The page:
Certainly, temptation, in general, is an ever-present problem, and even Christians seem to be struggling with feelings of despair. Not to mention other emotional issues like fear, anger, bitterness, unforgiveness, lust (including pornography), greed, envy, jealousy, and the list goes on. And those are just the natural issues that human beings face; demonic attacks are prevalent as well. Sadly, many people don’t even realize they’re entangled in a spiritual battle.

These problems begin in the mind. Every sin starts with a thought, and if that thought is not dealt with properly it will produce a sinful action or reaction. The battle for peace is fought in the mind. The battle for joy is fought in the mind. The battle for purity is fought in the mind. Satan engages your mind first because what you think about the most is what you will eventually act upon. If you engage your mind with darkness you will be drawn towards darkness. If you engage your mind with righteousness you will be drawn towards righteousness (Philippians 4:8).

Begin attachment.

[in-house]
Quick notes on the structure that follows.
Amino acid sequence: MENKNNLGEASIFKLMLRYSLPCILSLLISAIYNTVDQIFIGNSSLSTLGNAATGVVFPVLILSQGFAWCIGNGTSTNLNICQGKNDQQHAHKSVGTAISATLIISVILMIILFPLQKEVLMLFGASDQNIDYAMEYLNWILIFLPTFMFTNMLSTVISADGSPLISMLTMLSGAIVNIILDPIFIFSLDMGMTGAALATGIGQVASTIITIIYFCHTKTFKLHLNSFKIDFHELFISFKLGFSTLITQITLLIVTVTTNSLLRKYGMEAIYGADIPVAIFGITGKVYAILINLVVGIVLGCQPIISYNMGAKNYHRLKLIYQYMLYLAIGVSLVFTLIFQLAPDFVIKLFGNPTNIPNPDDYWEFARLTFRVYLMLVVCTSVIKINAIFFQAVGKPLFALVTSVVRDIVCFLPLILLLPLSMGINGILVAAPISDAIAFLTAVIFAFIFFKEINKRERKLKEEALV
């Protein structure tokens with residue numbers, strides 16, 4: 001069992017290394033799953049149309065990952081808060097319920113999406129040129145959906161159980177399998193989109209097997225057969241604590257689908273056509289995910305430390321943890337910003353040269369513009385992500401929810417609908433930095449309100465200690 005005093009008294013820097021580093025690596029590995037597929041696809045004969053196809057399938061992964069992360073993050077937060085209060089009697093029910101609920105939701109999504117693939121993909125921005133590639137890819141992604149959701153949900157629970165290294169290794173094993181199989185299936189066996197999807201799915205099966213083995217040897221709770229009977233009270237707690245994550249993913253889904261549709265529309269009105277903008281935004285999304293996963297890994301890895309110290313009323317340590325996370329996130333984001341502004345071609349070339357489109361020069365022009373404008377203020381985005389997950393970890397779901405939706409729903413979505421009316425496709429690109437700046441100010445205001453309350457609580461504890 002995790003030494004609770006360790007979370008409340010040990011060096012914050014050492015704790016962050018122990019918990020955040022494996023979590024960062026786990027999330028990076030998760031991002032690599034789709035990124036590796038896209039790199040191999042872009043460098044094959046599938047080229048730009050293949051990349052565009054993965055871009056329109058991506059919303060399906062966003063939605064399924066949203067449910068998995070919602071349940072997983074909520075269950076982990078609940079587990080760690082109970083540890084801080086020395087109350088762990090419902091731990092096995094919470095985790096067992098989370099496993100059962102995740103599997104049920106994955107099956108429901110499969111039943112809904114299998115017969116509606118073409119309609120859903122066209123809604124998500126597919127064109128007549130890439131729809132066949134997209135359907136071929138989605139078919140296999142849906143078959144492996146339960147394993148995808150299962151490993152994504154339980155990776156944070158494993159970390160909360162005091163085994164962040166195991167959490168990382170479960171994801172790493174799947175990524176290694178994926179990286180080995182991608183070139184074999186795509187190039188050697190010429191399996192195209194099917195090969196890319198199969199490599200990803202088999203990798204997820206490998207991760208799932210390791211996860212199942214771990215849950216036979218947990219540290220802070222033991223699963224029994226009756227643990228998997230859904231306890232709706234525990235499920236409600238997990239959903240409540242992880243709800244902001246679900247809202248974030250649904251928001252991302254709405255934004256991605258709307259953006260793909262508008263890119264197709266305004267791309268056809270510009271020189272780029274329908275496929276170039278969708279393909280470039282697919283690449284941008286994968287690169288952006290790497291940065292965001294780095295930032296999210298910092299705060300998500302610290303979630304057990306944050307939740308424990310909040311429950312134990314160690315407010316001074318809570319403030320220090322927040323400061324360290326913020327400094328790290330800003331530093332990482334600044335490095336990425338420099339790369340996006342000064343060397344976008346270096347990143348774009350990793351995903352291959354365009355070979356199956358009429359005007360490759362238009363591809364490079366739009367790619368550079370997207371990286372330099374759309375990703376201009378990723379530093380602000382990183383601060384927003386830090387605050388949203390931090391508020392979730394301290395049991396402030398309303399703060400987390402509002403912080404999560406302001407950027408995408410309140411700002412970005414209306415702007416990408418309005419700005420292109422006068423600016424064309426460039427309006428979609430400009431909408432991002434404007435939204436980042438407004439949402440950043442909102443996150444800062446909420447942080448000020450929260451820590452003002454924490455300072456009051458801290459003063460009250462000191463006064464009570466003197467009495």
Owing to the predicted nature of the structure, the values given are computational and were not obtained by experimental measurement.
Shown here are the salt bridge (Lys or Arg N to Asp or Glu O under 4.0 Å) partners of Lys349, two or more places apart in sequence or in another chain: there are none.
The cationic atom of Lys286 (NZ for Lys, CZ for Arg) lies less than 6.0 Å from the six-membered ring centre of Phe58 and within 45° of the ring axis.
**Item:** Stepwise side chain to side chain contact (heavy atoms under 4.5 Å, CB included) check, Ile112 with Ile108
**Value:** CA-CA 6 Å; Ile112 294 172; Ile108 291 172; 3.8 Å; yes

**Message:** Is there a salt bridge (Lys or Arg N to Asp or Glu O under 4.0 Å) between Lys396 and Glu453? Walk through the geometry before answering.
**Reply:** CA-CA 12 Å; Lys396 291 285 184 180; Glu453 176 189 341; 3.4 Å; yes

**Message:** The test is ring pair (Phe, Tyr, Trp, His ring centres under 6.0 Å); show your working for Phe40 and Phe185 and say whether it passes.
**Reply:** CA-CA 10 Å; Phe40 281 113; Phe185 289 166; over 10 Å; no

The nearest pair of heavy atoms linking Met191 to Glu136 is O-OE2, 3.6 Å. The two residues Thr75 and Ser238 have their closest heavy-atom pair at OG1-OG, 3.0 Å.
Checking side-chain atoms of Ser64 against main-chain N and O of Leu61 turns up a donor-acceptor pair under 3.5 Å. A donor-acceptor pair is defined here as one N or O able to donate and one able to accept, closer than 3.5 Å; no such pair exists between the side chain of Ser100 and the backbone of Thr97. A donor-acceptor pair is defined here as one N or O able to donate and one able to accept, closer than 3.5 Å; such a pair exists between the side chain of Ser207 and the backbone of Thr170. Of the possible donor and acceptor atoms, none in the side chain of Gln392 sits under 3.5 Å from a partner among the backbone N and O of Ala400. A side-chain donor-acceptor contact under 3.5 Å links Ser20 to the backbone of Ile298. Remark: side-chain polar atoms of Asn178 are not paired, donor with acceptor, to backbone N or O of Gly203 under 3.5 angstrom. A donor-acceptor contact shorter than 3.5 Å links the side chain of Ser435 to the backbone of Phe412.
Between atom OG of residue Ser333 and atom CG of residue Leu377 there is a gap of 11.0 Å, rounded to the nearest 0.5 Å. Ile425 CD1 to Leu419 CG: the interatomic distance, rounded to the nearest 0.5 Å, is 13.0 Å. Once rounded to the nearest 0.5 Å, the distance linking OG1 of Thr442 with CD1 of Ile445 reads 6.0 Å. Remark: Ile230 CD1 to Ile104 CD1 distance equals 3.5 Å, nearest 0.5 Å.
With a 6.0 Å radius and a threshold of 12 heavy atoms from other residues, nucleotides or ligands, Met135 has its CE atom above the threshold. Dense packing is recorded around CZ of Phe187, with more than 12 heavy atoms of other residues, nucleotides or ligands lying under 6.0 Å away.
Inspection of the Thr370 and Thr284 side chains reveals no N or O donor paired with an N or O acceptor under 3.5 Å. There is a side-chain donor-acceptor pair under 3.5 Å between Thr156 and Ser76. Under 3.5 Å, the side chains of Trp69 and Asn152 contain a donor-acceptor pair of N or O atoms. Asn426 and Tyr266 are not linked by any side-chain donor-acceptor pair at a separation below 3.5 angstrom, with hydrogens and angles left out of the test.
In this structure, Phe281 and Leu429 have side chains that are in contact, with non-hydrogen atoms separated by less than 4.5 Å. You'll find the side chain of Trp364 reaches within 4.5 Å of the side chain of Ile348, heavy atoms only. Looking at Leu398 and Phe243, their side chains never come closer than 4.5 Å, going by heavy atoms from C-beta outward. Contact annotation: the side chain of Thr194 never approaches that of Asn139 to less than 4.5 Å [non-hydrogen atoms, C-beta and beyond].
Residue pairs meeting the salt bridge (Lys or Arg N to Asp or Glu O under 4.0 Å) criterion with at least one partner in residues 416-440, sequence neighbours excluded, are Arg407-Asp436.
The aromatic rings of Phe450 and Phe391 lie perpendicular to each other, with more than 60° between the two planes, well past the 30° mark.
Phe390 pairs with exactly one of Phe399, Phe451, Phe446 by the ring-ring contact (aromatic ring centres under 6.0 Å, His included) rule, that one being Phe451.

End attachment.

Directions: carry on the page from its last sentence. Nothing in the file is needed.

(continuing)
That’s what Paul meant when he said, “And be not conformed to this world: but be ye transformed by the renewing of your mind… (Romans 12:2)”. Again, in Ephesians 4:22-24 Paul refers to the battle of the mind in relationship to holiness and overcoming the old “sinful” way of life. The old mind produces the old sins, but a renewed mind produces holiness. In verse 25, Paul illustrates the first fruit of that new mind is truthfulness with our neighbors. The state of our mind informs the status of our actions. In other words, garbage in garbage out and vice versa.

My personality is very susceptible to depression. That’s not easy to say because many Christians are so used to emotionally faking it that they think they’re making it. They’re kicking the emotional can down the road until the inevitable day of reckoning.

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Hands down, the number one question posed to me when counseling: How can I win the battle that’s raging in my mind (or some variation of that)? The answer is not a simple one. Most people want a silver bullet that makes all the struggles go away immediately. To be sure, there are powerful offensive weapons, but none of them are lasting without a strong defensive shield. You can rebuke the Devil, but he’ll just come back around if you leave your defenses vulnerable.